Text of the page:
As a professor of environmental studies at Swarthmore, Giovanna Di Chiro
takes issue with the idea of “impact.” Part of the higher education and nonprofit vernacular, the term conjures up images of explosions, craters, or Newton’s cradle desk toys. It is a word that, when used to describe environmental activism or an initiative, leaves out the concept of environmental justice entirely, she says.
“Activists and scholars in the environmental justice movement are committed to building relationships of collaborative engagement, grounded in reciprocity,” says Di Chiro. “We ask ourselves: For whom are our impacts positive?”
Di Chiro was the keynote speaker at the Global Environmental Justice Conference
, hosted by the Yale School of Forestry & Environmental Studies (F&ES) on November 15. The day-long event, part of the Environmental Justice and Health Initiative at F&ES, brought emerging scholars from around the world and from across disciplines to discuss how scholarship, social justice, and environmental management can be effectively integrated.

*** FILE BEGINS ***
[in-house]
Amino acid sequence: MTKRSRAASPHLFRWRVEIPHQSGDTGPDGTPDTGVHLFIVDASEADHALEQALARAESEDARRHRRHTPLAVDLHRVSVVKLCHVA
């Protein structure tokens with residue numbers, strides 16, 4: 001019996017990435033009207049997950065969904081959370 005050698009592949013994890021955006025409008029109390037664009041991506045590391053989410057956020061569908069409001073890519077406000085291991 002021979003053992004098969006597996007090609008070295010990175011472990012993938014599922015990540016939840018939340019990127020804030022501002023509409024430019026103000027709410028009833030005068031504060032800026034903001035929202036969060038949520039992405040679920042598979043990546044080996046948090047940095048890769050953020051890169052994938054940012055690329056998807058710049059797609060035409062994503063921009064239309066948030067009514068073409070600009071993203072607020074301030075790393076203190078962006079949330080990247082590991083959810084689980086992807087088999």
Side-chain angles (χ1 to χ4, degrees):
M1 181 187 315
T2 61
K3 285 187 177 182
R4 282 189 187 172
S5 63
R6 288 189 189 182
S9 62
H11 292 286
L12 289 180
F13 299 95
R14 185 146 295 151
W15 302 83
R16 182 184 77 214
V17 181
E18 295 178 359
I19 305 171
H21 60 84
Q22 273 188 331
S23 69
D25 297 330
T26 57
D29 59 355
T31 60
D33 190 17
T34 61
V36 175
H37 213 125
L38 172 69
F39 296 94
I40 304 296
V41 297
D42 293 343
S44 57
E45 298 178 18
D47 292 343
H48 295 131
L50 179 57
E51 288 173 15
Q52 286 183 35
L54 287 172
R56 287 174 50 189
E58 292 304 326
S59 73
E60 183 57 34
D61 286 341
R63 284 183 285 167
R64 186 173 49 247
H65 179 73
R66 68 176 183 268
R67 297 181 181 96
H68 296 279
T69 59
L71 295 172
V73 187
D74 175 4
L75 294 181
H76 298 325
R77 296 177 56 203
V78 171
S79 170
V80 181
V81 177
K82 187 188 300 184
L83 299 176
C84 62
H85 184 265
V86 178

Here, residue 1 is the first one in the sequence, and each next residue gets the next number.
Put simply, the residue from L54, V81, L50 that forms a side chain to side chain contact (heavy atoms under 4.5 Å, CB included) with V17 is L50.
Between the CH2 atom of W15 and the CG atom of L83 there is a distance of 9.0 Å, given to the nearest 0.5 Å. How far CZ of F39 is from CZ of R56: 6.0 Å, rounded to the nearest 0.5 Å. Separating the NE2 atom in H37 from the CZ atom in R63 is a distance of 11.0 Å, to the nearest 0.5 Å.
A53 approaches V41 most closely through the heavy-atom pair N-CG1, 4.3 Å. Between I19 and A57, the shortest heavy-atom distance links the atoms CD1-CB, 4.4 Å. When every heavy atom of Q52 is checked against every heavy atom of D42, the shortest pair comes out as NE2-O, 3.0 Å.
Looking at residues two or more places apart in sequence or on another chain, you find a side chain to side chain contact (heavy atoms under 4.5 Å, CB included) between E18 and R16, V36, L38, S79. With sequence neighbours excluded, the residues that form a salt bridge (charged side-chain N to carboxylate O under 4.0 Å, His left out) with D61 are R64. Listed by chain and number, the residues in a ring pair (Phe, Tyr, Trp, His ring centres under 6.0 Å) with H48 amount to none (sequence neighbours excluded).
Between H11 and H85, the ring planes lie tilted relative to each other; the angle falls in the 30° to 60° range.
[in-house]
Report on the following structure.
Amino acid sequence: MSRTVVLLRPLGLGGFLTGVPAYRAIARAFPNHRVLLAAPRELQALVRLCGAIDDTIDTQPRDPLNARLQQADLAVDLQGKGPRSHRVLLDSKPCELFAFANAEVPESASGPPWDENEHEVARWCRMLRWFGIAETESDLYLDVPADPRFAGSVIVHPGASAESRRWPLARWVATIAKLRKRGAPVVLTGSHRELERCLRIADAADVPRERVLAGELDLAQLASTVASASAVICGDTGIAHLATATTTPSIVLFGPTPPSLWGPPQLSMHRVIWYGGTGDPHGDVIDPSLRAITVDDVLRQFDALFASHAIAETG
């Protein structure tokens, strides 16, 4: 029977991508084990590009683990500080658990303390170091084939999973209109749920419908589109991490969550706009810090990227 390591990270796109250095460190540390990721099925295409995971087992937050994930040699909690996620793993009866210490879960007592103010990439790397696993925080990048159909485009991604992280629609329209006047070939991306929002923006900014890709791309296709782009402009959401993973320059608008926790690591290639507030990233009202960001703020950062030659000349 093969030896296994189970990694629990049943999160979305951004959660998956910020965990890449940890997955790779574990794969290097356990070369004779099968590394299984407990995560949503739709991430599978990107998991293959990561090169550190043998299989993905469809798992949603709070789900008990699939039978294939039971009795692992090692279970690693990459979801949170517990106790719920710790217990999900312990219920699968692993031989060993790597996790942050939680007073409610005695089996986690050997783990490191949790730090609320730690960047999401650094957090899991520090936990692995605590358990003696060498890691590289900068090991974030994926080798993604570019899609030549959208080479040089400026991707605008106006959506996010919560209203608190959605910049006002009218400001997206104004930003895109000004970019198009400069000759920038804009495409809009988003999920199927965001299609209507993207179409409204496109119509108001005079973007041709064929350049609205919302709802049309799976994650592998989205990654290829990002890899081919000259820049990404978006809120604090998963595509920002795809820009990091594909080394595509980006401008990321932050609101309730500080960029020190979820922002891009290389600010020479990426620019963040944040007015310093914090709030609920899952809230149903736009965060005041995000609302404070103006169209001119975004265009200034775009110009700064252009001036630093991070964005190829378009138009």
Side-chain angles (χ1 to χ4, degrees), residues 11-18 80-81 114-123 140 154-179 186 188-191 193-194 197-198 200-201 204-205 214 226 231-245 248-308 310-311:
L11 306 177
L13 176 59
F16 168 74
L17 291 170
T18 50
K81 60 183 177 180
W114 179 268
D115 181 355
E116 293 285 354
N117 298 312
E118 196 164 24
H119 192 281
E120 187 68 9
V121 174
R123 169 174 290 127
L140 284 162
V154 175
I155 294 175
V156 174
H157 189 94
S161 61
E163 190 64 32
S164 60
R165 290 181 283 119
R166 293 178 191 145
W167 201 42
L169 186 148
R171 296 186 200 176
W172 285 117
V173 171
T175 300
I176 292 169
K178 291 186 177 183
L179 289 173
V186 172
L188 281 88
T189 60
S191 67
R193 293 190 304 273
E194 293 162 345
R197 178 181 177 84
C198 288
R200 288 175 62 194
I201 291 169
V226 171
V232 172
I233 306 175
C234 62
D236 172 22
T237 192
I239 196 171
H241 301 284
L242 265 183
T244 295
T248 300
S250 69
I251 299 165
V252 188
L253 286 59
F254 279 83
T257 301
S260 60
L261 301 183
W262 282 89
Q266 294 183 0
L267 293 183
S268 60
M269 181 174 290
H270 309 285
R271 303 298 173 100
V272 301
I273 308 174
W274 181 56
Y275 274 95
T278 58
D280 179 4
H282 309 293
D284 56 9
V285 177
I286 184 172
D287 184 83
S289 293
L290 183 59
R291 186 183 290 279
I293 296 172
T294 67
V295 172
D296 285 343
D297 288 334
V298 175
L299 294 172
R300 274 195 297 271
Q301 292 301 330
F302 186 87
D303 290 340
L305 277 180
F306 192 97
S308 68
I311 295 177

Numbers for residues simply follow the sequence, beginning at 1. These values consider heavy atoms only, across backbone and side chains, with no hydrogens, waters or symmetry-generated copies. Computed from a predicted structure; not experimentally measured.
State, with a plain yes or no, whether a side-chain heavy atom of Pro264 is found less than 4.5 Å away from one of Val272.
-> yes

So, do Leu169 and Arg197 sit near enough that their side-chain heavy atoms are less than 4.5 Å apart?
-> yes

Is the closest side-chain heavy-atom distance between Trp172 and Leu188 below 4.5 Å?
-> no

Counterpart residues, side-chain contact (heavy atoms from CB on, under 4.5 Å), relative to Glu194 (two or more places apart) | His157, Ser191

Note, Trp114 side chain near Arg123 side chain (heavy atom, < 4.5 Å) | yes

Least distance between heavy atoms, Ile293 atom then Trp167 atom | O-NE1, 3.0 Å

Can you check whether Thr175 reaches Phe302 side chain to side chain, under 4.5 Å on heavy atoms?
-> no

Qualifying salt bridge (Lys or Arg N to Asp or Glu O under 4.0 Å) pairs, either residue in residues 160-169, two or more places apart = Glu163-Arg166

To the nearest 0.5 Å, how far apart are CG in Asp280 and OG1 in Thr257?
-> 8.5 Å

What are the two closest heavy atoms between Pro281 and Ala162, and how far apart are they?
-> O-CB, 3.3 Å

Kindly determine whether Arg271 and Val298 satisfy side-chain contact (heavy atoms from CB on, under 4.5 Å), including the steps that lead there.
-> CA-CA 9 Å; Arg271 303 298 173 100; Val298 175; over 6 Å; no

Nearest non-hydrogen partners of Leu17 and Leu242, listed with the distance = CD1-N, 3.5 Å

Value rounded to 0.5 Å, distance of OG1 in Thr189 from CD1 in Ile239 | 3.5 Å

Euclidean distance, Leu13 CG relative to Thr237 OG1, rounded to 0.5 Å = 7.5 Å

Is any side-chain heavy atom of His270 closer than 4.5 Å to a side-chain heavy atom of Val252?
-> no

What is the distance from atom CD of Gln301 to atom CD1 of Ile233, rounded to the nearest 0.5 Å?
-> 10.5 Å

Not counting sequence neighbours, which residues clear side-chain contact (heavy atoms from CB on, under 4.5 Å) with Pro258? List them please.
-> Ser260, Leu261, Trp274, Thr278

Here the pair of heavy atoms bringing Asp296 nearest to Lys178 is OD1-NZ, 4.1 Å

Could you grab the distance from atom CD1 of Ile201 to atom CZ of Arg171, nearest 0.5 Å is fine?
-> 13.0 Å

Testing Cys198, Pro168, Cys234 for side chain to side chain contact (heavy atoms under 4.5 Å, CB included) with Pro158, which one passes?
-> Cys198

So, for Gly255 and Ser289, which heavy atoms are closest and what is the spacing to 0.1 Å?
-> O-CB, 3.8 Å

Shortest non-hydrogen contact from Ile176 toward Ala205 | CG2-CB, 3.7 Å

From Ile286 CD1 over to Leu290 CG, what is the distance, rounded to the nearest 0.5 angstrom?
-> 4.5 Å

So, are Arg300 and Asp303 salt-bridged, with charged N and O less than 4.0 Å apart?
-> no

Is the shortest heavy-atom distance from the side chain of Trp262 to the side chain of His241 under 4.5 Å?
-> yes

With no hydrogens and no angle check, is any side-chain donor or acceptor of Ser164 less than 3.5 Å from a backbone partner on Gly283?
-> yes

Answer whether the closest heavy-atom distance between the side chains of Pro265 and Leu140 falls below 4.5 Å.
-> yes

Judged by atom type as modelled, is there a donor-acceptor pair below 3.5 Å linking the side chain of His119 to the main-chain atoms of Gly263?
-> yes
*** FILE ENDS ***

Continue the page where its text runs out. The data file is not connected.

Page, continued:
The conference featured panel discussions on a range of topics, including extractive industries and human rights, environmental governance, climate change adaptation, and engaging with multiple knowledge systems. Each panel discussed the human elements associated with these environmental challenges. They also discussed how marginalized groups, often most vulnerable to these challenges, are often left out of the decision-making processes.